Scottish Government minister Màiri McAllan has dismissed the row over Michael Matheson’s £11k data bill as a “political bubble” issue.

Speaking to journalists on the campaign trail, the Cabinet Secretary said the scandal was not “having cut through” with the public.

On Wednesday, MSPs voted to ban Mr Matheson from Holyrood for 27 days. He will also have his wages withdrawn for 54 days.

READ MORE: SNP anger as Matheson handed record ban from Holyrood

Ms McAllan told journalists: “It’s clearly a political bubble issue and one which I think needs to be put to bed.

“The man has been handed down the most severe sanction in the history of the devolution era, harsher than for issues of sexual misconduct in the past, he has lost his job, there has been no cost to the public purse and no-one has been harmed.

“I think he now needs to be allowed to take the sanction that he’s been handed and we need to forget about this issue.”

The affair dominated Thursday’s First Minister’s Questions.

Scottish Tory leader Douglas Ross asked John Swinney how expected to “keep his own integrity if he backs a man who has none?”

The First Minister pointed to the motion passed by MSPs on Wednesday which was amended by the SNP to criticise the Standards Committee.

A Tory member of the cross-party group had spoken out against Mr Matheson before considering the sanction.

The SNP amendment said that meant the process was therefore “open to bias” and could even bring “the Parliament into disrepute”.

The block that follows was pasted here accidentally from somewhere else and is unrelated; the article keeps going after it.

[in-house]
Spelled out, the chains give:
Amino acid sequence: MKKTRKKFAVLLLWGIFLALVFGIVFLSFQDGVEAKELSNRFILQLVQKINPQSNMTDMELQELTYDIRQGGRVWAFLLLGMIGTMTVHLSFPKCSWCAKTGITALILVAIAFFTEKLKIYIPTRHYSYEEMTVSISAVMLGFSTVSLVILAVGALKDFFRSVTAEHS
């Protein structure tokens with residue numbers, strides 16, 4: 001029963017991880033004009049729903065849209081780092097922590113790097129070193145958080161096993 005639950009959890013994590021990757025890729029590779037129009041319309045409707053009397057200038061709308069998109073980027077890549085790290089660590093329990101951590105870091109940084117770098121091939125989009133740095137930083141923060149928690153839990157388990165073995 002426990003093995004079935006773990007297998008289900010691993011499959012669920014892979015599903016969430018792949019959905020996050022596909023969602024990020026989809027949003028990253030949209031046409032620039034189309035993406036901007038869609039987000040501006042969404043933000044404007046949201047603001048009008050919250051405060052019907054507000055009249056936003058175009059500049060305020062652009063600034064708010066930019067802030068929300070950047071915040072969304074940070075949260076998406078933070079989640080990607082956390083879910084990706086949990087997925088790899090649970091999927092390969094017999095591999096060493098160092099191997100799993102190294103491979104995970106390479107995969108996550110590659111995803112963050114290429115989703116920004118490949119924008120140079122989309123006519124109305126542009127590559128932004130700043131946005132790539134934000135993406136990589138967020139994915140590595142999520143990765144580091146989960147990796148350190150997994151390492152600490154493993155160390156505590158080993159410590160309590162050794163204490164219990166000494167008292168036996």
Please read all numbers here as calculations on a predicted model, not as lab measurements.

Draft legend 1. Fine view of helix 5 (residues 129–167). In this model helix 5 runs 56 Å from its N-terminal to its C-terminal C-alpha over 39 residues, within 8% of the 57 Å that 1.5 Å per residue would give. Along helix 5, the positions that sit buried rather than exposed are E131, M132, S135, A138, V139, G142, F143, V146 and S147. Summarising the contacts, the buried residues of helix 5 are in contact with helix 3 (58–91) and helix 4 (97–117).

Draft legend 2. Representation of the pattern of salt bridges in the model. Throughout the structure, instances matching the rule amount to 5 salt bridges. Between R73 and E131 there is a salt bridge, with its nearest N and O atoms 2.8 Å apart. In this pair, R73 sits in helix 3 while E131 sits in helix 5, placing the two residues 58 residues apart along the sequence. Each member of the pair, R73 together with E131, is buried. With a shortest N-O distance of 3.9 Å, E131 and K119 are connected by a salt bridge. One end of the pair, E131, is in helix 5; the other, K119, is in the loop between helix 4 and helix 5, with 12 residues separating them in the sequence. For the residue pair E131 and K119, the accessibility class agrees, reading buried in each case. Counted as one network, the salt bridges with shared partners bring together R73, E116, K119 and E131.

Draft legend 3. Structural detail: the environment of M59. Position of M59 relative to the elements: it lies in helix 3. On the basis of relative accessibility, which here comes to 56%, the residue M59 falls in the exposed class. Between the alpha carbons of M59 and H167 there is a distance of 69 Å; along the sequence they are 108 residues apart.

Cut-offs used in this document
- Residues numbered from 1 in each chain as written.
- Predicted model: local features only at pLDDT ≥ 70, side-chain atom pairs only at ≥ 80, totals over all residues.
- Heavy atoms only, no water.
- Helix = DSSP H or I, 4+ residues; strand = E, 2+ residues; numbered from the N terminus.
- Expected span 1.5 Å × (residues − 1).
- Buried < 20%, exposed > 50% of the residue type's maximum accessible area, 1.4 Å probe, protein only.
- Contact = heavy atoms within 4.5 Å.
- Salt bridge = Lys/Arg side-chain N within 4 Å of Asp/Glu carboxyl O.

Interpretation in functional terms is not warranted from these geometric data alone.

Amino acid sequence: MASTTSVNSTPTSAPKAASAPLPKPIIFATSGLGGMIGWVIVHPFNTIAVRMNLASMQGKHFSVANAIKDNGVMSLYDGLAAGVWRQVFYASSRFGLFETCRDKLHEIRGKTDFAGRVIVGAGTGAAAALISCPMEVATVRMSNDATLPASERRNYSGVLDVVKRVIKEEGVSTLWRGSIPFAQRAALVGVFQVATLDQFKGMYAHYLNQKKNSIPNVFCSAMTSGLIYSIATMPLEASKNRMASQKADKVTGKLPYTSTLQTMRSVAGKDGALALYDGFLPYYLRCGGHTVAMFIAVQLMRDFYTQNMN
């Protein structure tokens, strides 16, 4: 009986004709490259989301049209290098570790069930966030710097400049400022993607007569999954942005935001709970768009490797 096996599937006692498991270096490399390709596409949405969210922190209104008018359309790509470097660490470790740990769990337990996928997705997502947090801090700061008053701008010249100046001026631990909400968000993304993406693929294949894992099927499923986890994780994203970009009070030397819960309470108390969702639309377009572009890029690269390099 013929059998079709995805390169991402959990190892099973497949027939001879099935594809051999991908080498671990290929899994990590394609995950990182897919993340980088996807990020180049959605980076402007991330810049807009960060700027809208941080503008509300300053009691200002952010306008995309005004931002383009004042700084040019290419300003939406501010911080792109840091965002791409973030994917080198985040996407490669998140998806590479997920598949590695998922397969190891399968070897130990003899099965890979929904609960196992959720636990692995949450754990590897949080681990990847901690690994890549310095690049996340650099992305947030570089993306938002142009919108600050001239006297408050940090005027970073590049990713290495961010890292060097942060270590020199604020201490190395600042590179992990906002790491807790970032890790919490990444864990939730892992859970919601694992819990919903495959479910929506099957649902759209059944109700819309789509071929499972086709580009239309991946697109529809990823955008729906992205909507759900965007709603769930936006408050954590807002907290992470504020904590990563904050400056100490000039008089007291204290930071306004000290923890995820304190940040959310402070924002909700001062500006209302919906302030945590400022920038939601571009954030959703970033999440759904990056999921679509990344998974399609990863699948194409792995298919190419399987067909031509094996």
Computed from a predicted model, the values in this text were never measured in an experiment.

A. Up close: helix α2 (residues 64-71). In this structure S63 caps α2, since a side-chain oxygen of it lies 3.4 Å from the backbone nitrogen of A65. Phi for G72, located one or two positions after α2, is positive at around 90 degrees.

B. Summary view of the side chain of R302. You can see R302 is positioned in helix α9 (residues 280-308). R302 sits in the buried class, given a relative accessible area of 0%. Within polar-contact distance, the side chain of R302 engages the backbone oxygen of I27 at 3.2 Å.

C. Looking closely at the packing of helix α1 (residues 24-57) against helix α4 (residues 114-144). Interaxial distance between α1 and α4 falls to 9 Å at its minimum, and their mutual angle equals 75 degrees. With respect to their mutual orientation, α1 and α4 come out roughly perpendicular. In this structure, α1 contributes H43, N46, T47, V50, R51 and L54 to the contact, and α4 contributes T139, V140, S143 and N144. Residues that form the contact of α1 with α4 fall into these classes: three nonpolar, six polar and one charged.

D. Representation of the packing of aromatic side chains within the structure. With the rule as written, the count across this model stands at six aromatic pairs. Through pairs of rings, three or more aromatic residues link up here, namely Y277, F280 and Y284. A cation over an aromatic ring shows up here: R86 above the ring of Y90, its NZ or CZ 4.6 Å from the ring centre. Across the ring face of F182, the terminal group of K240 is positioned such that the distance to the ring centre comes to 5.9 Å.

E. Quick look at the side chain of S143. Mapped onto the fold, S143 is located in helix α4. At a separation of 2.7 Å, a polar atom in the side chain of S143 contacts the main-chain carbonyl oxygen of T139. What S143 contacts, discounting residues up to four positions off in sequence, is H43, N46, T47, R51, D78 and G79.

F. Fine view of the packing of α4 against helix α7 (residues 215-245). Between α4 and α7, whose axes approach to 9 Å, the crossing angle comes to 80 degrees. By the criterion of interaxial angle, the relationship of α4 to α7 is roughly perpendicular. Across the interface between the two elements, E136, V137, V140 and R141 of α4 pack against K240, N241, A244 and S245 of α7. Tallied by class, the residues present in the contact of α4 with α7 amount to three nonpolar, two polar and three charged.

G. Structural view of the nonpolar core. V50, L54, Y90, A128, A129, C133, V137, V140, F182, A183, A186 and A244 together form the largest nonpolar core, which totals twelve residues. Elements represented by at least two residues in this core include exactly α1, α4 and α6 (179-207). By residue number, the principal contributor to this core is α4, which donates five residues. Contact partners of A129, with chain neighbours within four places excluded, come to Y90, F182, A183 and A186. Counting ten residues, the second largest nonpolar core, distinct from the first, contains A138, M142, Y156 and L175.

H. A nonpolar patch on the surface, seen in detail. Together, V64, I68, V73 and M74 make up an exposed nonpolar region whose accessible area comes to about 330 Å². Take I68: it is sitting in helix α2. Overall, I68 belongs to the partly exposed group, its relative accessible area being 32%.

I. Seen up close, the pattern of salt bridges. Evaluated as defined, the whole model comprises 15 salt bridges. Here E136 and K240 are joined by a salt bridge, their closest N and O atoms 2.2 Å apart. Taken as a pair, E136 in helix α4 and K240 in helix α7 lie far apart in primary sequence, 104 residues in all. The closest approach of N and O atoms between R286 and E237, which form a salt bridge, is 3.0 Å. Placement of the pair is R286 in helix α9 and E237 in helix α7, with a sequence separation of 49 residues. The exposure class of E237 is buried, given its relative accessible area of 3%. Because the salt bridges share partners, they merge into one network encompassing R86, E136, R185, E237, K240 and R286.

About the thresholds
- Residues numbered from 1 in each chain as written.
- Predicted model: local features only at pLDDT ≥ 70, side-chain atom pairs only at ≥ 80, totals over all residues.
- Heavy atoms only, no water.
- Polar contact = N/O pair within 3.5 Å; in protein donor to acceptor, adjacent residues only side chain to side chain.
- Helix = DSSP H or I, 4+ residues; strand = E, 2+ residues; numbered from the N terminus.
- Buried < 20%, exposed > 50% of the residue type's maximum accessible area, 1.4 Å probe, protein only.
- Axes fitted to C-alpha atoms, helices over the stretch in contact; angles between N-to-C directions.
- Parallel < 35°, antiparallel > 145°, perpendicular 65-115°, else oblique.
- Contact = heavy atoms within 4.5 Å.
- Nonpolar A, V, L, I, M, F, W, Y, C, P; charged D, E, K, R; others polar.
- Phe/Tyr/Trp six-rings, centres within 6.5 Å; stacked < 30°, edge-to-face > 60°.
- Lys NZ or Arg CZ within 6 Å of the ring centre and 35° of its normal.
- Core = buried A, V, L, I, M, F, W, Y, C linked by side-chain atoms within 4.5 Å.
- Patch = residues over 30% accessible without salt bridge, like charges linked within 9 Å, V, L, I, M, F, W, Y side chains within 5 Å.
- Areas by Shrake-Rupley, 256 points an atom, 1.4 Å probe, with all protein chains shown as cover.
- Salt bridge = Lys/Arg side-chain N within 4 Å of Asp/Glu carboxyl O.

Mr Swinney said the concerns he had raised about this had “now been endorsed by the democratic national Parliament of Scotland.”

Mr Ross heckled, pointing out that while a majority of MSPs had backed the motion, Mr Swinney did not.

Presiding Officer Alison Johnstone told the Tory leader to apologise – adding she would be “extremely frustrated and disappointed” if the interruptions continued.

READ MORE: The anatomy of a climbdown: Matheson's record Holyrood ban

Mr Swinney criticised Mr Ross. He said: “He cannot do anything other than resort to nasty personal abuse. That’s what Mr Ross contributes to this Parliament.”

Mr Ross earlier highlighted that Mr Swinney had previously called for then first minister Henry McLeish to resign “for the good of the Scottish Parliament” after he was forced to repay expenses during his time in power.

The Conservative leader said: “When it doesn’t involve someone in the SNP, John Swinney tries to talk like a man of integrity, he demands resignations, he speaks of trust, he preaches about honesty.

“But now it is his SNP friend, he abandons the principles he once had.”

Mr Swinney however recalled that in 2018, Scottish Tory MSPs had voted against a sanction being imposed on one of their group at Holyrood.

As a result, he insisted: “Mr Ross has got absolutely no credibility whatsoever to come here and suggest my conduct or my actions have been in any way inappropriate here.”

Scottish Labour leader Anas Sarwar also hit out at Mr Swinney over his actions regarding Mr Matheson, saying: “Rather than defending Scots and protecting the integrity of Parliament, John Swinney chose to put his party before the country.”

He added: “Had this been at Westminster, Michael Matheson would now be facing a recall petition and potentially a by-election.

“But yet again the SNP hold Scotland to a lower standard, and believe it’s one rule for them and one rule for everyone else.”